Cigarettes and alcoholic drinks are the major purchases. Duty free and plentiful, you can buy the seat your hotel, at the well stocked stores at the ferry terminal or save a dollar more and shop In Nagoya.' Perfumes, chocolates and designer bags are also popular duty free purchases.
Other good buys are delicious Indonesian snacks, such as prawn -rolls, 'krupuk', 'otak-otak', dried fish, exotic sweetmeats and rich Indonesian coffee. Try jamu (Indonesian herbal remedies and cosmetics). Cassette tapes are inexpensive and varied with up-to-date rock music as well as golden oldies. Genuine Indonesian batik is imported from Java. Local handicrafts from all over the archipelago include woodcarvings from Bali, decorative wooden Wayang Golek puppets from West Java, rattan goods and ceramics. Brassware, Lampshades and more are there for the buying.
Taxis are the best and cheapest way to get about. For Rp.10,000 an hour you can happily charter for the day, and for more than a few hours strike a deal with the driver. Budget conscious visitors can take a public taxi from outside the ferry terminal but be prepared for extra stops, no air-con and cramped conditions. Prices are much cheaper, but you pay for convenience. Travel agent provides air-conditioned coaches and minibuses. Land distance from Sekupang to - Nagoya 115 kin) - Batam Ampar 119 kin) - Hang Nadim Airport (30 kml) - Nongsa (40 km) and Kabil (30 km).
One of Batam's biggest attractions is the fresh and delicious seafood. Giant prawns, live still crawling crabs, live fish taken straight from nets in the sea, lobsters, clams and shellfish are cooked in a variety of styles and all delicious. Try the local 'gong-gong' conch shell where the succulent meat inside is fished out with a pin and dipped in a spicy sauce before eating.
In Batam, finding fresh seafood is no problem. Anyway that visitors find their way to, a seafood restaurant will have preceded them. Hotels have their own. Nagoya has many. Batu Besar, Batu Merah, Telaga Punggur, all are lined with restaurants. Late night ferries from Batu Ampar allow diners to eat at a Batam restaurant and return the same evening to Singapore.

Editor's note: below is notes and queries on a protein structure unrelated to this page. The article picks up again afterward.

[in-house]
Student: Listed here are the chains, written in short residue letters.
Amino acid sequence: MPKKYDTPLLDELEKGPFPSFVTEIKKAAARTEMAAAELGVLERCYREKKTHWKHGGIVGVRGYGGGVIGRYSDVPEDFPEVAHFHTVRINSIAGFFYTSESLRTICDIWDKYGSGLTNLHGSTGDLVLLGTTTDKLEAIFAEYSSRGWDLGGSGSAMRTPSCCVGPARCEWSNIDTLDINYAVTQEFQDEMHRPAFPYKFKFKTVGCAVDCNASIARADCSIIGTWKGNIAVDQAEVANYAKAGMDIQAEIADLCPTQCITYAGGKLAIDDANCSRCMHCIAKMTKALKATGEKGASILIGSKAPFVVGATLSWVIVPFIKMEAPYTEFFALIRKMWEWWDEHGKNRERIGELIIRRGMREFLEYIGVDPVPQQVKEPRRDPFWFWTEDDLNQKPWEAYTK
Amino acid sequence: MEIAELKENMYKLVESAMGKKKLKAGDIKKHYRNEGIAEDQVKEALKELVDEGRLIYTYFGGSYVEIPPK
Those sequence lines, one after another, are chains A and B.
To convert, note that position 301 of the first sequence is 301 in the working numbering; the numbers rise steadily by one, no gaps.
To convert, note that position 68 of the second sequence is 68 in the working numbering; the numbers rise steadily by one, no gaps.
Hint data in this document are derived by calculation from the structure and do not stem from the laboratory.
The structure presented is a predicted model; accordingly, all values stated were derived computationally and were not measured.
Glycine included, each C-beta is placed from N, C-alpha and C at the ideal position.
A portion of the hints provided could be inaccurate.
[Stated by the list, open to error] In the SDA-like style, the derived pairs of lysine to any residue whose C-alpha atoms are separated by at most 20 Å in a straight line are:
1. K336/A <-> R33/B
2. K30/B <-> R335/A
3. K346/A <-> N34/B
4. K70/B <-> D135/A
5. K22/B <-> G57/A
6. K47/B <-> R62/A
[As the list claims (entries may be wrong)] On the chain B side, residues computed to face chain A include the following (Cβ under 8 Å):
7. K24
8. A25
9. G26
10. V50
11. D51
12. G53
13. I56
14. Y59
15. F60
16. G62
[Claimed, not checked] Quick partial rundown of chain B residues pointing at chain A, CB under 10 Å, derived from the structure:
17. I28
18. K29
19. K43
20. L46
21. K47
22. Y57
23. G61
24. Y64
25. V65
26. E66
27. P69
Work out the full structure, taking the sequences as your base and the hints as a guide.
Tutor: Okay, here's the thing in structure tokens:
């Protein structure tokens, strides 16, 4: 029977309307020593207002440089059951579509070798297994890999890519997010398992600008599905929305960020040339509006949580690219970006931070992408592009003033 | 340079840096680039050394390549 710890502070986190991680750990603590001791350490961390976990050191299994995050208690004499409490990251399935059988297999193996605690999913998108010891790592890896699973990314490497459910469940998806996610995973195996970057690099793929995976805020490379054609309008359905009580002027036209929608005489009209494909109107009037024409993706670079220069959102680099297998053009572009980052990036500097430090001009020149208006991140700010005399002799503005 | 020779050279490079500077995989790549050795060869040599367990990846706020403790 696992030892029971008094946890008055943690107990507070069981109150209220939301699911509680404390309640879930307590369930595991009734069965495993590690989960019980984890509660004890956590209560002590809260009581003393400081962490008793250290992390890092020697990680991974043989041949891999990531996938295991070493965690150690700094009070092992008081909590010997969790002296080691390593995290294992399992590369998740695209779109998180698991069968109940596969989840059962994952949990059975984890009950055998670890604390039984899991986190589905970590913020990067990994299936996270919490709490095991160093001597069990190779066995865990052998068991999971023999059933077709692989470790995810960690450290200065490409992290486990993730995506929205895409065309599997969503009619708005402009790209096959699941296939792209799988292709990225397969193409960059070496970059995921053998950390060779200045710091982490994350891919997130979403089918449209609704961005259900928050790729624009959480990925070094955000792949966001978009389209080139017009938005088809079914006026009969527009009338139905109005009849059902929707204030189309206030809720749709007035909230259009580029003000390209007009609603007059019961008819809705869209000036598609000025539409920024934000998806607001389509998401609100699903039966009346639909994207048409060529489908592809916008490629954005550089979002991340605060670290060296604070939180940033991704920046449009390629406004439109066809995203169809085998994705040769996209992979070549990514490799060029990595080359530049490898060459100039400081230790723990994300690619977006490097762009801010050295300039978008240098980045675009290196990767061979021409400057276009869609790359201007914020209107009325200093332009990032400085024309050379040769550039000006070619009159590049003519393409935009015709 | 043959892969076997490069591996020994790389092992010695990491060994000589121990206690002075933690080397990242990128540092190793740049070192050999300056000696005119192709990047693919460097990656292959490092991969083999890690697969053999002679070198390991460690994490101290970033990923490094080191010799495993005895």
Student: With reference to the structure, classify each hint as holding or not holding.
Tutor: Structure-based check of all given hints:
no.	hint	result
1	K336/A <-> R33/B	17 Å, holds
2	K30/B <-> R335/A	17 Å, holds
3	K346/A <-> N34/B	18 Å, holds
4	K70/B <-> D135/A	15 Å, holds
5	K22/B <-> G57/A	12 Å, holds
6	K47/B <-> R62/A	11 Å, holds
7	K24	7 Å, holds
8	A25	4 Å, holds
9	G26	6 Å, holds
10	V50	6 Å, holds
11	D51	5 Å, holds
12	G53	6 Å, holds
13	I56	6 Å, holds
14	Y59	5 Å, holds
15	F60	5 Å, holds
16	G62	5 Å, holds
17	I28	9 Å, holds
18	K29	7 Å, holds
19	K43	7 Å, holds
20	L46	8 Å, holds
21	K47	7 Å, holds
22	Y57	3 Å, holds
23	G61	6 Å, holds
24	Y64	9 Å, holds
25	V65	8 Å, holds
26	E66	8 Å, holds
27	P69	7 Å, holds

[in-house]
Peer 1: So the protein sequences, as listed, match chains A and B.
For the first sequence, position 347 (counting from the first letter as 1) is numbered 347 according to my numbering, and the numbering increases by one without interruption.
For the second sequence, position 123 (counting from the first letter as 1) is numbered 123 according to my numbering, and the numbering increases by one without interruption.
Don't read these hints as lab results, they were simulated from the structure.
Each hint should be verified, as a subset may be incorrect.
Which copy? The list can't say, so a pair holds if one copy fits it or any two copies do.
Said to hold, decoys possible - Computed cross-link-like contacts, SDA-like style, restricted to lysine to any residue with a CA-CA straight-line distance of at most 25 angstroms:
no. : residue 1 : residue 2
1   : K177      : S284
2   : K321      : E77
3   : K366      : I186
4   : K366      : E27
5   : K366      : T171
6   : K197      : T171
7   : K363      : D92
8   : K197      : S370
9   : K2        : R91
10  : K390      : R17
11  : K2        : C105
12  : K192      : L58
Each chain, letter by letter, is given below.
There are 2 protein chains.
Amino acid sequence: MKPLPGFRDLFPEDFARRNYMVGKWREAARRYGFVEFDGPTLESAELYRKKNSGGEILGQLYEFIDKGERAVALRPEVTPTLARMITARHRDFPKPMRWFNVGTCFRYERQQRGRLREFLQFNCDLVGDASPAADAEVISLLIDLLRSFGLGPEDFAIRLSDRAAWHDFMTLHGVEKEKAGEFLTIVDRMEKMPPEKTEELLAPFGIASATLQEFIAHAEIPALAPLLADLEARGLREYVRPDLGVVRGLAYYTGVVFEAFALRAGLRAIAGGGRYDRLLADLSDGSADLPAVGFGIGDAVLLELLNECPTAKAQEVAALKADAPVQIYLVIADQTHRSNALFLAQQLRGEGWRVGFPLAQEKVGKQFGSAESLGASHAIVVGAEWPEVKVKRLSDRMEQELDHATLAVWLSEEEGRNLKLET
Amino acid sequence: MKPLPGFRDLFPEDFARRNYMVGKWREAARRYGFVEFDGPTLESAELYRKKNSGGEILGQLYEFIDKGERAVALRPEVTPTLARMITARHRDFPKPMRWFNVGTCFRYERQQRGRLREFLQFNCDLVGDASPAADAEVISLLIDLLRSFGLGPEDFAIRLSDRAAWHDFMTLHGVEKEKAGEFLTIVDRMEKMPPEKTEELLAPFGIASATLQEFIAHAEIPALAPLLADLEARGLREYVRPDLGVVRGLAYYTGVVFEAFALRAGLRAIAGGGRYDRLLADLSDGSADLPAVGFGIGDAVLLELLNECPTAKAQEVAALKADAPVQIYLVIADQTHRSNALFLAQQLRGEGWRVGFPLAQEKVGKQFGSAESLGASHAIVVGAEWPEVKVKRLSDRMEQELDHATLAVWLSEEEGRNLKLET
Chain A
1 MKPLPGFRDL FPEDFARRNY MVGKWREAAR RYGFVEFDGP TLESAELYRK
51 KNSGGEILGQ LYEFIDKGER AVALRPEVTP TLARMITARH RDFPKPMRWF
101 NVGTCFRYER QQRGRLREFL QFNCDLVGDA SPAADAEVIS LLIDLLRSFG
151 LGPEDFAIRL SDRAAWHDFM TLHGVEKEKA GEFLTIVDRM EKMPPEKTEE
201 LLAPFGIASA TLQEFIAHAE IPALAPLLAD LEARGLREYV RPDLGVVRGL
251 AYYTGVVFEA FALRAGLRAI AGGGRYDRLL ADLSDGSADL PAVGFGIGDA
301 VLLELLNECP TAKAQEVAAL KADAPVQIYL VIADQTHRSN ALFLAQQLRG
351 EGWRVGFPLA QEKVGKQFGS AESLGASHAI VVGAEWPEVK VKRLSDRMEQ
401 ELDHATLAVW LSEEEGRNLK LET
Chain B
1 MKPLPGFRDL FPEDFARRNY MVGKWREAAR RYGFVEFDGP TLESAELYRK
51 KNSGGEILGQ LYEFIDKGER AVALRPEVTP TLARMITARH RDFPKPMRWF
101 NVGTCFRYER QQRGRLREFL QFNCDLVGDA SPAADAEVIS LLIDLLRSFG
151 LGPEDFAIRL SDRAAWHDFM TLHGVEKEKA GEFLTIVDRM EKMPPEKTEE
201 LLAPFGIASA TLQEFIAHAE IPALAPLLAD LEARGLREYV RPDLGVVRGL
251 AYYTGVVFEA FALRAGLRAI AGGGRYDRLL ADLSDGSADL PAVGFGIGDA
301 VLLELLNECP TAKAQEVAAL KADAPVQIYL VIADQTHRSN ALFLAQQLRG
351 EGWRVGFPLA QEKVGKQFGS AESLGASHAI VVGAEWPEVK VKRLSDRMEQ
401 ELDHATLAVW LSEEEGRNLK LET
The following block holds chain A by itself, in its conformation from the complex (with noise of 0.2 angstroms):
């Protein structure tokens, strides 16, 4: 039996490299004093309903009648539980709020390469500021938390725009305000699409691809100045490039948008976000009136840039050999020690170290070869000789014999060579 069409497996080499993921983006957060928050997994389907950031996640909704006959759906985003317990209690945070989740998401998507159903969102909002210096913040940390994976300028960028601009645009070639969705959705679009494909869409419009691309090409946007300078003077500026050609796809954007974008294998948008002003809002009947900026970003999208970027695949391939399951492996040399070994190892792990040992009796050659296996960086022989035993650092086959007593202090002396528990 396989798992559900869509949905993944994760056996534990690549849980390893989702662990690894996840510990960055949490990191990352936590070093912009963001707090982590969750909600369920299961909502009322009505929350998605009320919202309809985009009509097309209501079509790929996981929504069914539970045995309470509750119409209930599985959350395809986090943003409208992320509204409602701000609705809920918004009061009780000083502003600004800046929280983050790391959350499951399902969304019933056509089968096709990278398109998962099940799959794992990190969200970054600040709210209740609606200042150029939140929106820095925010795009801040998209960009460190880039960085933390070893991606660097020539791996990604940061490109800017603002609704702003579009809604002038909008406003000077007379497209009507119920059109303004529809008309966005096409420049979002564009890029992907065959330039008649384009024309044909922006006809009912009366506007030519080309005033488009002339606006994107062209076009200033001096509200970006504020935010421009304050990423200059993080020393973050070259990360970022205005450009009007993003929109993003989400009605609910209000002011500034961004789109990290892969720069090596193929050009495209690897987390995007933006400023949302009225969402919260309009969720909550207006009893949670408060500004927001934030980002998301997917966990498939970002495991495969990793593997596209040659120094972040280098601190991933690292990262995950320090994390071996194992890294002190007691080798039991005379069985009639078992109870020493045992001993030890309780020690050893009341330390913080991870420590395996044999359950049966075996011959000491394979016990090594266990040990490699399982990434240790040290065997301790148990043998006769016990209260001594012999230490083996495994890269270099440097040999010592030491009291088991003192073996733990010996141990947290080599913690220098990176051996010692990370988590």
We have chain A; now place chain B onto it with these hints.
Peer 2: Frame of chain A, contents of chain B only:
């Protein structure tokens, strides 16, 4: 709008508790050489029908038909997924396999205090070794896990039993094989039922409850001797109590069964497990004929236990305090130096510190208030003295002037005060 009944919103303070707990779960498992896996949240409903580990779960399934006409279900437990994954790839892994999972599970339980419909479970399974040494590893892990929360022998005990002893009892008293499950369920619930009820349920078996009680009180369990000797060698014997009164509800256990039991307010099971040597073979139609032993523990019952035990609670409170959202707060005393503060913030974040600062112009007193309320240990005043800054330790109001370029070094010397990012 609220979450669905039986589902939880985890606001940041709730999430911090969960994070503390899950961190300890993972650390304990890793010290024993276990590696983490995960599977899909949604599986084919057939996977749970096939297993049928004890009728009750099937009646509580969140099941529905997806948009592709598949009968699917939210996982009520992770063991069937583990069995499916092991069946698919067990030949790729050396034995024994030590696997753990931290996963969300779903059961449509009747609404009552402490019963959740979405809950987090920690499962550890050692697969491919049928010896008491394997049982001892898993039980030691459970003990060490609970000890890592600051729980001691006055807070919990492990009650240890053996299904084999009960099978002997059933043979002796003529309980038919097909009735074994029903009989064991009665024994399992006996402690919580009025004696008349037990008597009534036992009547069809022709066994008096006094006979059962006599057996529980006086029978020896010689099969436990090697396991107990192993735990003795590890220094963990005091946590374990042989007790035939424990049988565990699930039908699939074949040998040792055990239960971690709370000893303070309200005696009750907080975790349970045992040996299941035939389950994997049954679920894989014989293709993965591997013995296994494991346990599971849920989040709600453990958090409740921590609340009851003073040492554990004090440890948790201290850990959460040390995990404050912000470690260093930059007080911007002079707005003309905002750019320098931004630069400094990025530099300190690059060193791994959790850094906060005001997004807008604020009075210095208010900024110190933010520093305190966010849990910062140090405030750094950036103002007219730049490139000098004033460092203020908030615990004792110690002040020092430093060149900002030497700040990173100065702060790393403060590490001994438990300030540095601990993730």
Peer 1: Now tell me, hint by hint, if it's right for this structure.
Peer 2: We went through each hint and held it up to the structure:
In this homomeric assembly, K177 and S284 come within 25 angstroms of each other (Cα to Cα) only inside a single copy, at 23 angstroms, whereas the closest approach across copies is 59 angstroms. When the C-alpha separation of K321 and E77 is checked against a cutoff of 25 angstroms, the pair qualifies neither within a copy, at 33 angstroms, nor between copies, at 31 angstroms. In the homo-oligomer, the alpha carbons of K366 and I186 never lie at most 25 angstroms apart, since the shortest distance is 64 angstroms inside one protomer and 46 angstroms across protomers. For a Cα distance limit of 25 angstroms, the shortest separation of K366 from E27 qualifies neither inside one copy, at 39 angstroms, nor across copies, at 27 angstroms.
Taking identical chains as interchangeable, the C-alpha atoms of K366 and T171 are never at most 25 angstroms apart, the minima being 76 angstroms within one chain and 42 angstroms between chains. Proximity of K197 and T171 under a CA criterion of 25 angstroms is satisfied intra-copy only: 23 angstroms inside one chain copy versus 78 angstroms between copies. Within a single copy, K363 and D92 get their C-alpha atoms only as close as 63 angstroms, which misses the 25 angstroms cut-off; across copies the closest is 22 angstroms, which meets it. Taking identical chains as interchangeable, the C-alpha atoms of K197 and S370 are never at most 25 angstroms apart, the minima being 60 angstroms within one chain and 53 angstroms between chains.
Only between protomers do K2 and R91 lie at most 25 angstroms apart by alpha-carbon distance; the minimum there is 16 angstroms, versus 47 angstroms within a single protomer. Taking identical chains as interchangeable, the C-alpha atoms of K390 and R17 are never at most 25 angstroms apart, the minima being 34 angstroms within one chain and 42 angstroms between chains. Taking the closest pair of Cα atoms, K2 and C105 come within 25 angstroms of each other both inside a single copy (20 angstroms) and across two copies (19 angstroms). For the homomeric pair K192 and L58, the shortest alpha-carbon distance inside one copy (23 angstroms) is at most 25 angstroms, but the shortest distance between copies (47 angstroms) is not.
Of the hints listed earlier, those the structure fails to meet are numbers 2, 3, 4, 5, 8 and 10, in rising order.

Genuine Padang food can be found at Pagi Sore in Nagoya. In Sekupang try the Indonesian Delights, where regional Indonesian dishes are offered to the accompaniment of traditional dances.
For the active sportsman, Batam provides many fast growing amenities. Three golf courses are under construction while the first nine holes are already playable at the very attractive Talvas Golf and Country Club in Nongsa. Both Batam View and Turi Beach Resort have tennis courts and Batam View also has squash. Swimming pools are big and beautiful and Turis pool is the size of a small lake.
All kinds of water sports are available even stretching to offshore scuba diving at the nearby reefs and islands. Water-skiing, windsurfing, water scooters and sailing are popular pastimes available at the hotels and at Batu Besar. Batam View Hotel has recently announced plans to build a marina - the first of many to come.
As evidenced by the numerous seafood restaurants, Batam's waters abound with marine life, and many visitors like to catch their own. Hotels can arrange fishing trips or find a local fisherman and arrange a trip with him.
Nagoya is Batam's entertainment center. While resorts offer there own brand of quiet evening music, Nagoya is definitely the place to go for nightlife. Bars are plentiful and disco lively. Shinta Nightclub has overseas cabaret acts and the Regina Palace is one of the favorite nightspots. Tired folk can enjoy a relaxing and stimulating massage in one of the many salons In Nagoya. Karaoke Lounges are big news, where guests can live out their singing talents in congenial surroundings.
Movie-goers are catered to with the big new Studio 2t Its four: Wide screen cinemas show Hollywood movies and the, occasional Chinese or Indonesian classics.